Mobile phones used for public health surveillance in Darfur

In Darfur, the Ministry of Health, WHO and partners have developed a mobile phone-based infectious disease surveillance system designed for use where resources and facilities may be limited. Traditional pen-and-paper methods of disease reporting are not efficient or practical in complex emergencies in developing countries. Instead, reporting formats can be provided on mobile phones, making it easy for health providers to enter data and send reports. Such a system will help reduce errors, decrease the time used in reporting and facilitate compliance with reporting schedules.

An early warning system has been established in 103 health facilities across South Darfur with over ten diseases to be reported on a weekly basis and four diseases reportable on a daily basis. The health facilities were equipped with mobile phones; having been briefed on the use of short text messages, the health providers send a short daily text message to the focal points, including zero reports.

There are some challenges. Despite recent improvements, not all areas have mobile network coverage, resulting in an incomplete picture of the health situation. However, combining the mobile phone service with a paper-based reporting system in areas where there is no network access gave good coverage. The use of satellite phones in areas off the network would help to strengthen the system further. Even in areas where the network is working, there is a shortage of electricity supply to recharge the batteries; future interventions should consider the use of mobile phones with a silicon solar panel embedded into the shell of the phone.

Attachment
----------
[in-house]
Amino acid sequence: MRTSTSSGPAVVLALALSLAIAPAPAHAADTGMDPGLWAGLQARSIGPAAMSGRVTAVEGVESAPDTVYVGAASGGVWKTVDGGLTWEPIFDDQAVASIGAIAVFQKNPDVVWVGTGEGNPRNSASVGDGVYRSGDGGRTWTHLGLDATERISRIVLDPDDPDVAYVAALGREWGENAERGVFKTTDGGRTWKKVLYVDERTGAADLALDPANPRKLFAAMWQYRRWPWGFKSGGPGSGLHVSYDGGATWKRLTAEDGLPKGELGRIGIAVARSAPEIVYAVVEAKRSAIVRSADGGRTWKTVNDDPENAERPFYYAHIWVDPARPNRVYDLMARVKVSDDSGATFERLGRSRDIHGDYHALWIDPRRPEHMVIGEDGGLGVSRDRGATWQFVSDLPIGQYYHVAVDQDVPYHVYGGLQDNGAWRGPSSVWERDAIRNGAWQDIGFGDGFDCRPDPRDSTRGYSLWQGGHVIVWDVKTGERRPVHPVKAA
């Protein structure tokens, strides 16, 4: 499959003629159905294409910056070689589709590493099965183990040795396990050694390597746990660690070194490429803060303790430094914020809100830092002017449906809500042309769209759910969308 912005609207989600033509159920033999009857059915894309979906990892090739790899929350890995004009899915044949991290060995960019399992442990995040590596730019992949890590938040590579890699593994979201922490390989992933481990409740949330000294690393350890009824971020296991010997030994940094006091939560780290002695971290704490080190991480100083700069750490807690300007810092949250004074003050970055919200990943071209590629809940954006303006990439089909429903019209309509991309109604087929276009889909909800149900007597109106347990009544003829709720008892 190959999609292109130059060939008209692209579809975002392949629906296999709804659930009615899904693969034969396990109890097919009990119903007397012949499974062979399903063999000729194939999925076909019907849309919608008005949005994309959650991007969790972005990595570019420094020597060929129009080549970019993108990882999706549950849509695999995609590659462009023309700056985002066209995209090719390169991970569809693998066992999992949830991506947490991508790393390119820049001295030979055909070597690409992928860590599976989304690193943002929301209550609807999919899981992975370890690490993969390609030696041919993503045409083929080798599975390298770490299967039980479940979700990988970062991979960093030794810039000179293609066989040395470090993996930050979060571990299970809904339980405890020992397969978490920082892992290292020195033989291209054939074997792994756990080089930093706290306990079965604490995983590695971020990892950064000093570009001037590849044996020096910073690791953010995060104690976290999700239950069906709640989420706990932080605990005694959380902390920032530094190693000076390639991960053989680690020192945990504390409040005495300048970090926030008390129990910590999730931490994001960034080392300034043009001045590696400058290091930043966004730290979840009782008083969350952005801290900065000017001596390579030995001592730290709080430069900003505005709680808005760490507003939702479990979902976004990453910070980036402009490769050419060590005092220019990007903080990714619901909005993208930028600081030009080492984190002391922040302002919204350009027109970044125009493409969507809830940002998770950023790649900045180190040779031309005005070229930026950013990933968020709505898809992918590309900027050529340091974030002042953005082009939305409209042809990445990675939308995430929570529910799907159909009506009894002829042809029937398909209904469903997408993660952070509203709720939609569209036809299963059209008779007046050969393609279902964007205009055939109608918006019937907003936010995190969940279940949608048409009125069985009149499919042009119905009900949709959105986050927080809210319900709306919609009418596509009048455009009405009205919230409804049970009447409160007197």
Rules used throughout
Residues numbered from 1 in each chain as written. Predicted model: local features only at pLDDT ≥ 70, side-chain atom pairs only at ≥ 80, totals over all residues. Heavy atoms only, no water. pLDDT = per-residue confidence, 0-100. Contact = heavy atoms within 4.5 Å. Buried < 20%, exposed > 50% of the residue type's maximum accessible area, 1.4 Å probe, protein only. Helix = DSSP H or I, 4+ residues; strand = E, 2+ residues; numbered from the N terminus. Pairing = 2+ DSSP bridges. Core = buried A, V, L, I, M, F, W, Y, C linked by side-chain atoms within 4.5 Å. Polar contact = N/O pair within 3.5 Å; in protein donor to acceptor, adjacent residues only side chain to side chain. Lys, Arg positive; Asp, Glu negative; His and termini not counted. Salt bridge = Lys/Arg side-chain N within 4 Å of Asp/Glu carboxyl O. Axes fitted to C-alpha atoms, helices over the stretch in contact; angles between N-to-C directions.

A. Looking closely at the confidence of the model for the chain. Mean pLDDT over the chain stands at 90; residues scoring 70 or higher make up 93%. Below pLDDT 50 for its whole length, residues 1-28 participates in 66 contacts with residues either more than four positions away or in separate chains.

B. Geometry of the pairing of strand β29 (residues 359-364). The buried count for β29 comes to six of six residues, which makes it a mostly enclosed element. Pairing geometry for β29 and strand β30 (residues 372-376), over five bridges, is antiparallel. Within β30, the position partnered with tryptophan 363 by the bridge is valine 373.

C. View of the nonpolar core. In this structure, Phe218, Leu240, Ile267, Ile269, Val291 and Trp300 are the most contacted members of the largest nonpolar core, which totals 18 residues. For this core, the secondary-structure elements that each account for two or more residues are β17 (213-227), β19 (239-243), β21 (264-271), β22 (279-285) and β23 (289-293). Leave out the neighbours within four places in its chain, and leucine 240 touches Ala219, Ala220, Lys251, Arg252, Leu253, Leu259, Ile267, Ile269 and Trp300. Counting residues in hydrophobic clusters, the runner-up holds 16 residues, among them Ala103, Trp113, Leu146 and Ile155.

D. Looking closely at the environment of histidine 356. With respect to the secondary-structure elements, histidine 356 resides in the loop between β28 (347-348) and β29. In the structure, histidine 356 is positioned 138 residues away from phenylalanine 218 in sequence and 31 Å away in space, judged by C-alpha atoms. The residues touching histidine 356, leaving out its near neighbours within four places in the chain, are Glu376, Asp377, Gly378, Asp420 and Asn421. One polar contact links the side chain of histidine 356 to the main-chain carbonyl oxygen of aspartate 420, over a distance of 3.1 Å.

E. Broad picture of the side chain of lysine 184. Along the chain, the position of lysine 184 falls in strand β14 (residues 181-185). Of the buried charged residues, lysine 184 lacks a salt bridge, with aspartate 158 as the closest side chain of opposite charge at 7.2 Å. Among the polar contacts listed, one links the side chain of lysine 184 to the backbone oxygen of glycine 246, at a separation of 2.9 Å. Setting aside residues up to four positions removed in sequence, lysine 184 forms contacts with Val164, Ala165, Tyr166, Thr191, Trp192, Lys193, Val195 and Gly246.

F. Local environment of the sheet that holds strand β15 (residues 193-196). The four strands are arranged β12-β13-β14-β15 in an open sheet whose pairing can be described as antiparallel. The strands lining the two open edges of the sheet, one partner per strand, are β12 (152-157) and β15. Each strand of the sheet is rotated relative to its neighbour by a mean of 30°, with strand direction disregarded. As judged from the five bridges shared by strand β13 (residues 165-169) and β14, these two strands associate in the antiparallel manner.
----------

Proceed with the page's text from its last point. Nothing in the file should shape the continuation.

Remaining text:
Whenever possible mobile phones with geographic information system (GIS) capacity should be used. The reporting system can be programmed to automatically generate coordinated data for each text message, which could help to track the disease reported with more specified locations.

Kebede Deribe ( is Health Coordinator in South Darfur for Merlin ( This article was written in a personal capacity and does not necessarily reflect the views of Merlin.


Opinions in FMR do not necessarily reflect the views of the Editors, the Refugee Studies Centre or the University of Oxford.
FMR is an Open Access publication. Users are free to read, download, copy, distribute, print or link to the full texts of articles published in FMR and on the FMR website, as long as the use is for non-commercial purposes and the author and FMR are attributed. Unless otherwise indicated, all articles published in FMR in print and online, and FMR itself, are licensed under a Creative Commons Attribution-NonCommercial-NoDerivs (CC BY-NC-ND) licence. Details at